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How Bad Is My Asthma

Question : Do You Keep Getting Chest Infections

10 Bad Foods for Your Lungs (Avoid with Asthma and COPD)

You answered yes.

You answered no.

  • People with asthma have sensitive airways so are at a higher risk of developing chest infections.
  • Often following a cold or a bout of the flu, a chest infection can considerably worsen asthma symptoms.
  • If you have a chest infection which isnt clearing up, or you keep getting them again and again, consult your doctor, as this may be an indication that you have asthma.

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Asthma is a lung disease that causes your airways to tighten up, making it hard for you to breathe. Theres no cure for asthma. Even if you have asthma and feel healthy, asthma flares can happen at any time.

Most people with asthma can keep the disease under control and avoid serious health problems. If youre pregnant, its really important to work with your health care provider to manage your asthma and get medical care, if needed.

Latest Treatments For Severe Asthma

In recent years a new type of treatment has been developed using monoclonal antibodies, known as mAbs or biologics therapies.

These treatments can dramatically improve the lives of people with certain types of severe asthma and can cut down the dose of steroids they are taking and lead to a better quality of life.

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Youre Coughing And Wheezing More During The Day

Another sign that your severe asthma may be getting worse is if youre coughing or wheezing more often. Talk to your doctor about adjusting your treatment plan if you constantly feel like youre about to cough. If you find yourself wheezing with a whistle-like sound more than once a day, seek your doctors opinion as well.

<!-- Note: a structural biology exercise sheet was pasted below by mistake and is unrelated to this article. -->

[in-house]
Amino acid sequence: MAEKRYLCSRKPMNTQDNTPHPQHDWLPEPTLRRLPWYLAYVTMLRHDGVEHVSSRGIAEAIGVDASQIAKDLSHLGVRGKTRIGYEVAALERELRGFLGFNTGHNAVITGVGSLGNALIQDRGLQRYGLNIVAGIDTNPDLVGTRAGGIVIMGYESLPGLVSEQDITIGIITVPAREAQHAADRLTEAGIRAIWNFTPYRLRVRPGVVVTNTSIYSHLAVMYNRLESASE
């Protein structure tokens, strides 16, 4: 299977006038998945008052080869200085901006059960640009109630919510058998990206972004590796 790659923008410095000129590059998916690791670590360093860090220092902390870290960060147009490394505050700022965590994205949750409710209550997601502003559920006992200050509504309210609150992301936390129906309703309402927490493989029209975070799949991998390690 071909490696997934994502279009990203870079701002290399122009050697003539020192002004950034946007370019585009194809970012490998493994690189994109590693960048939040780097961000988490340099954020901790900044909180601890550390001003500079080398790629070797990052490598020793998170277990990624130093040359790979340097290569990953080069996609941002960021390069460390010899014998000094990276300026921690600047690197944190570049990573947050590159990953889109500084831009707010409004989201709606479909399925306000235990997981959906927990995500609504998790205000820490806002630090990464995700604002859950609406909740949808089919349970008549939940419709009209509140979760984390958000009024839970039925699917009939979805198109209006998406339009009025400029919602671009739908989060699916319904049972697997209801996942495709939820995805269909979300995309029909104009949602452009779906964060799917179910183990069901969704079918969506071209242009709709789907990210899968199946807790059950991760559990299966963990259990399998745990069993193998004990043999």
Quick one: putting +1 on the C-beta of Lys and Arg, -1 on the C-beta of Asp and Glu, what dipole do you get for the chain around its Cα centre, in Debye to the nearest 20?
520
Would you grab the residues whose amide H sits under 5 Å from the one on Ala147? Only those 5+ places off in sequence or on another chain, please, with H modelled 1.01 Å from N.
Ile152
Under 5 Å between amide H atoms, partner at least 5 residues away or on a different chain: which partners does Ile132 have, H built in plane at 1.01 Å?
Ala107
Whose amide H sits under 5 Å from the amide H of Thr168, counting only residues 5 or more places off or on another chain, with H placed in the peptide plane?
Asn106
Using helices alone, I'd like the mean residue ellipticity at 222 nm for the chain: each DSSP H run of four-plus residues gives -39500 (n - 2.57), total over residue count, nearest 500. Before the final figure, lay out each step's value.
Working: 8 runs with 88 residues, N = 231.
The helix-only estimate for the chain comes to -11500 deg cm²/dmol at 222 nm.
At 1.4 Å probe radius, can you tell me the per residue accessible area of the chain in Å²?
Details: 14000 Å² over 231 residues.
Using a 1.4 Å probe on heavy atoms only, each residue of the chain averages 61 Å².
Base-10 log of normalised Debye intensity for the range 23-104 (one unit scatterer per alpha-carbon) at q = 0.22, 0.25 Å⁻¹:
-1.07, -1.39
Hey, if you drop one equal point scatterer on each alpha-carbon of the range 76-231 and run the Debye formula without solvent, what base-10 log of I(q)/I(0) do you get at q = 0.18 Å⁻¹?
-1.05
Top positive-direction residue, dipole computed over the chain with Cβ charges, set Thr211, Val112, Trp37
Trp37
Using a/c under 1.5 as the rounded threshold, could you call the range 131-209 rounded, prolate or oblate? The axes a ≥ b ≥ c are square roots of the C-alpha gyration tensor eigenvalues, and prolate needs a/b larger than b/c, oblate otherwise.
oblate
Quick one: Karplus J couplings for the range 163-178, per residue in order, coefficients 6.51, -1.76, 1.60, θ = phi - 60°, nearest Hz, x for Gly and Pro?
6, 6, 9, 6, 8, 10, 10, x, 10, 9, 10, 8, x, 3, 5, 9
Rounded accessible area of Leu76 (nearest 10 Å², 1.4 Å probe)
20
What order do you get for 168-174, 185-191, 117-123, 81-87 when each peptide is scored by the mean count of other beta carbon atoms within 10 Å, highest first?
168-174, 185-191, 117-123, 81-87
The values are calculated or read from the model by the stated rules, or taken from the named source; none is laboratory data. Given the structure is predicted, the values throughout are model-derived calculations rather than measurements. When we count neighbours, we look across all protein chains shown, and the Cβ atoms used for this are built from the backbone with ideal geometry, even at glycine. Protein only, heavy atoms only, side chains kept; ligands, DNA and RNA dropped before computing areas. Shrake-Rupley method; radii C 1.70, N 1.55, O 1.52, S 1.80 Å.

Why Asthma Symptoms Can Vary With The Weather

When Asthma Affects Someone You Love #30SecondAsthmaTest # ...

So why do asthma symptoms seem to get worse with every change in the weather? Although it seems confusing, there are some annual trends, as well as reasons why asthma symptoms are worse at particular times of the year.

For example, severe asthma episodes tend to peak during the autumn months, especially among children. A 2001 study that examined tens of thousands of asthma hospitalizations in Canada over a 12-year period, for instance, found that there were more than twice as many hospitalizations in October as there were in July or August. Other studies have discovered similar patterns.

However, one study conducted in Detroit found that when there was a rapid 10-degree rise in temperature or a 10% rise in humidityas can happen in spring and summerhospitalizations for children with asthma increased in the next day or two.

In truth, asthma symptoms can flare at any time of year due to well-known asthma triggers, such as pet dander, secondhand smoke, and exercise. But knowing the triggers that can vary by seasonsuch as pollen, temperature, humidity, pollution, and virusescan help people with asthma figure out if they should be stepping up their medication.